Preview

Comment
Art fairs

New York's Future Fair is a worthy idea—but there are flaws in its model

Despite its commendable 'galleries-first' mindset, the scheduled fair's profit-sharing programme is not as revolutionary as it might seem

Canoe Studios, where the first edition of Future Fair will be held Courtesy Canoe Studios

Could the Future Fair be the shape of things to come? It is scheduled for New York in May 2020, and its co-founders, Rachel Mijares Fick and Rebecca Laliberte, have promised to hand back 35% of profits to a planned (maximum) 36 exhibiting dealers while ploughing the remaining 65% back into the fair. It is a lovely idea and a logical response to the problems that small and medium-sized galleries have faced when trying to afford larger fairs such as Frieze and Art Basel. But I am not sure it is the answer.

For a start, the model assumes the fair will turn profit, which is not a given. Most art fair organisers spend more time than they would like trying to balance the books, in particular chasing sponsors, who, when it comes to the smaller fairs, rarely commit to more than a year.

Plus, the founders tell me their goal for the fair's first investment-heavy year is to break even, managing expectations that there probably will not be anything to share until 2021.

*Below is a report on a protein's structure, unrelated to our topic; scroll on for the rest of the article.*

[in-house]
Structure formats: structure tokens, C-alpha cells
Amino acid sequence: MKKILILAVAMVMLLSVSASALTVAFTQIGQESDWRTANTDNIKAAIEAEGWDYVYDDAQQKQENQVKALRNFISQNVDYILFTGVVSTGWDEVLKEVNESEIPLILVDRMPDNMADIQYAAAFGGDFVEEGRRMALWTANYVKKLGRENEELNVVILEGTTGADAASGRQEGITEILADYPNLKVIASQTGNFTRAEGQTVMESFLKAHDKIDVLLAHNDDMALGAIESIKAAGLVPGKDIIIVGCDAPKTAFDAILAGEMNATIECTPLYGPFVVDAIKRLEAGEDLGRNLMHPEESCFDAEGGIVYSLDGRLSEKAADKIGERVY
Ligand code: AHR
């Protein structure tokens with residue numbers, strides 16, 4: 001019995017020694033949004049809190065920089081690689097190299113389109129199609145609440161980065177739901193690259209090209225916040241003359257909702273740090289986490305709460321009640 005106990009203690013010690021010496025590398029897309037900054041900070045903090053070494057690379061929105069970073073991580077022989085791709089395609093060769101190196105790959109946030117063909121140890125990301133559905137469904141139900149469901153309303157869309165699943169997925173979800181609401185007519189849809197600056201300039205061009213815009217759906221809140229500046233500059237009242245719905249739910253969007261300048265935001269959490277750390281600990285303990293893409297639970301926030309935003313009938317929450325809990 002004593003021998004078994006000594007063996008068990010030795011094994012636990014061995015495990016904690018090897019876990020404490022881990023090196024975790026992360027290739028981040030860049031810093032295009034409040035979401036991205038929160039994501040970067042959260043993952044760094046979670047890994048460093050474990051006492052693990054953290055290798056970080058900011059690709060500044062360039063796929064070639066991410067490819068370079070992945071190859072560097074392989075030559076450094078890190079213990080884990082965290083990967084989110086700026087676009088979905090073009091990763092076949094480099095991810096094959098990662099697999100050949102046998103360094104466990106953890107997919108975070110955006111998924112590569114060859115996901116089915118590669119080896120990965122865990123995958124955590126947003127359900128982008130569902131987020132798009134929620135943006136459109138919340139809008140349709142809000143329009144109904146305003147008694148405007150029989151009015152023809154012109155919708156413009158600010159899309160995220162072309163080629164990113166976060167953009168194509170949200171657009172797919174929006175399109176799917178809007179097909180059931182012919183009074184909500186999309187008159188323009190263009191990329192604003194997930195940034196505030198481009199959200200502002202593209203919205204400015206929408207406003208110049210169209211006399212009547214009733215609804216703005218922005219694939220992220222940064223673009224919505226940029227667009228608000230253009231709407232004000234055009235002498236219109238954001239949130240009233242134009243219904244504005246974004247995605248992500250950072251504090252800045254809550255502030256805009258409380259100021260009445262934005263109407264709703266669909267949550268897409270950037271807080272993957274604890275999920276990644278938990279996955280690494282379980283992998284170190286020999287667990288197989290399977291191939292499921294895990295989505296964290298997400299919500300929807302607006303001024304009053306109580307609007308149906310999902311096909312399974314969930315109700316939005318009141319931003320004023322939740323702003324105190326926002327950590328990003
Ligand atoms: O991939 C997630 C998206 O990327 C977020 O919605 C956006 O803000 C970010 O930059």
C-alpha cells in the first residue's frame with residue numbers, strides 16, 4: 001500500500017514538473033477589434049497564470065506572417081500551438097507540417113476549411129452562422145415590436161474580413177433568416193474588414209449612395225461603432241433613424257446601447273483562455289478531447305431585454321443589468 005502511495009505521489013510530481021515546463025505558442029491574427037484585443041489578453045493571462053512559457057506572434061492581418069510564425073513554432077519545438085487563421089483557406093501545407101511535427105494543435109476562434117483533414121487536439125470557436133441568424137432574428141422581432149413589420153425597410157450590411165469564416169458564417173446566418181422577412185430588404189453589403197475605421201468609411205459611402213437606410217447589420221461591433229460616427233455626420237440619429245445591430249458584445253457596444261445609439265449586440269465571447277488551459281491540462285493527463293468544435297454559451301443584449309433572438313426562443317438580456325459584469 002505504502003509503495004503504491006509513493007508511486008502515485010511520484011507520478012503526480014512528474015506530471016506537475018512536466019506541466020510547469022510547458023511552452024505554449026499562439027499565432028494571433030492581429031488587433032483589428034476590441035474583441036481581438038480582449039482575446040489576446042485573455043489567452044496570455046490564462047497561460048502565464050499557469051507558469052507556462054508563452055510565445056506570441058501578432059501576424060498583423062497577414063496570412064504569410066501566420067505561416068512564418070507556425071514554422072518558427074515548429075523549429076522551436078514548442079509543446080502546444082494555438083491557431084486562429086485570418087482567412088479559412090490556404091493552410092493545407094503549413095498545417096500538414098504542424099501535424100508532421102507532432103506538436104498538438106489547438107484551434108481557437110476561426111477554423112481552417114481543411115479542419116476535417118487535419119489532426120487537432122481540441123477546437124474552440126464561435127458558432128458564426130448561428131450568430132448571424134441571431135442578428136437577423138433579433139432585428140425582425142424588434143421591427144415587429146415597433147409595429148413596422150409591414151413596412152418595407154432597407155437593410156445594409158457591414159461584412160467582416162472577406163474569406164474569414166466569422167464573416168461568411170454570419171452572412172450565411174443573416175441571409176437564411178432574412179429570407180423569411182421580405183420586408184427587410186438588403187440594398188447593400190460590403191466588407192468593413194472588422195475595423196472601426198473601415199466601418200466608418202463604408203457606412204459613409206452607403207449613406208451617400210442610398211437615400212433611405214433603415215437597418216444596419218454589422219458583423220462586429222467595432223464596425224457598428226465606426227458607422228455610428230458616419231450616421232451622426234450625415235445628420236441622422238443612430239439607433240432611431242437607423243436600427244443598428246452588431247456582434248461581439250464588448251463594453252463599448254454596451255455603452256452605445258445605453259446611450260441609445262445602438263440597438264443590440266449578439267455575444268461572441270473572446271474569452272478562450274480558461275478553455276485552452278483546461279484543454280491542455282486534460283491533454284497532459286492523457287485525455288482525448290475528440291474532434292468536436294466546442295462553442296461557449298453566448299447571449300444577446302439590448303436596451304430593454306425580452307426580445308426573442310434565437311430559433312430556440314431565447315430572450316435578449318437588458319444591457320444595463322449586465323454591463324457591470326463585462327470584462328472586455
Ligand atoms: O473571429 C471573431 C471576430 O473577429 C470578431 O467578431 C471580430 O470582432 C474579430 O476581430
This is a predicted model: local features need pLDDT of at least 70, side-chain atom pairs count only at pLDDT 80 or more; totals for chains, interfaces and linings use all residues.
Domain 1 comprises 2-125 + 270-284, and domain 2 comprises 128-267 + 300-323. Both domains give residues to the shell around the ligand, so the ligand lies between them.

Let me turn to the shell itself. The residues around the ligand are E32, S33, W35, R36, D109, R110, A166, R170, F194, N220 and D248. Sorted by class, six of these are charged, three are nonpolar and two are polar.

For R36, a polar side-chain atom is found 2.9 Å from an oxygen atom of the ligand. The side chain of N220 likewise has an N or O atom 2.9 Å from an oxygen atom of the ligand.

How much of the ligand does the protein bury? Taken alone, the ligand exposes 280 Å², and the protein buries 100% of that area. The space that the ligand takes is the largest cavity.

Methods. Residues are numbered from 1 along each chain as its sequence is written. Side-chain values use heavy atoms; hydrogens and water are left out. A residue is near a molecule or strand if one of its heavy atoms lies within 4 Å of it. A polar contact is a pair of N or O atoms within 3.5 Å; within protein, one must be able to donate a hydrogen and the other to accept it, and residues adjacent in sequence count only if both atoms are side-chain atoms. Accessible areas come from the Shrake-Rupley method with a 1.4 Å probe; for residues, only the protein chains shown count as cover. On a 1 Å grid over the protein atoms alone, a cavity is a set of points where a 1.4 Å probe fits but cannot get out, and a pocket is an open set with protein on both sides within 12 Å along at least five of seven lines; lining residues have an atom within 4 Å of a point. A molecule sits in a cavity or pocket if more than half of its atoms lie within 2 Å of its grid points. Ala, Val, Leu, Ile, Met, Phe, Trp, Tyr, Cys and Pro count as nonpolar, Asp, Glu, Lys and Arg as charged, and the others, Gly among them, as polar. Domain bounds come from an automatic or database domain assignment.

This may also be optimistic. The so-called J-curve that is applied to most startups (where profits go down before they go up, in the shape of the letter) assumes a couple of years of investment before rewards can be reaped.

Future Fair’s proposed profit-sharing programme estimates an annual “three to four figures” back to its founding dealers per year for up to four years. Booth fees are between $6,500 and $10,900. The discount is not to be sniffed at but it is not as revolutionary in reality as in concept. Should the fair start making a profit in its second or third year, its return to dealers will be in the same ballpark as the guaranteed £1,750 ($2,150) discount that the new majority owners of Bada’s art and antiques fair in London are offering to members of the association from next year (though on higher booth fees).

That both events have to make such concessions begs the wider question: who should art fairs primarily serve, their organisers or exhibiting galleries? The latter are the clients—they pay to show—and there is no fair without exhibitors. But if fairs have to cut corners, they cannot do their job.

There was a huge clamour for fair events that pooled the fragmented gallery sector to combat the global commercial might of auction houses. Now that these fairs have pulled off this feat, there is a new clamour for their organisers to behave almost as charities – giving back as well as providing a necessary (money-making) infrastructure.

Inclusion in fairs can be make-or-break for galleries, especially smaller ones. But it feels as though the balance of power is shifting back to exhibitors. This might well be overdue when it comes to the larger fairs, but it puts the organisers of smaller events in a difficult spot in a survival-of-the-fittest world. Ultimately, hats off to Future Fair for starting out with a galleries-first mindset, but dealers, too, have to remember why they wanted art fairs in the first place—and decide whether they still do.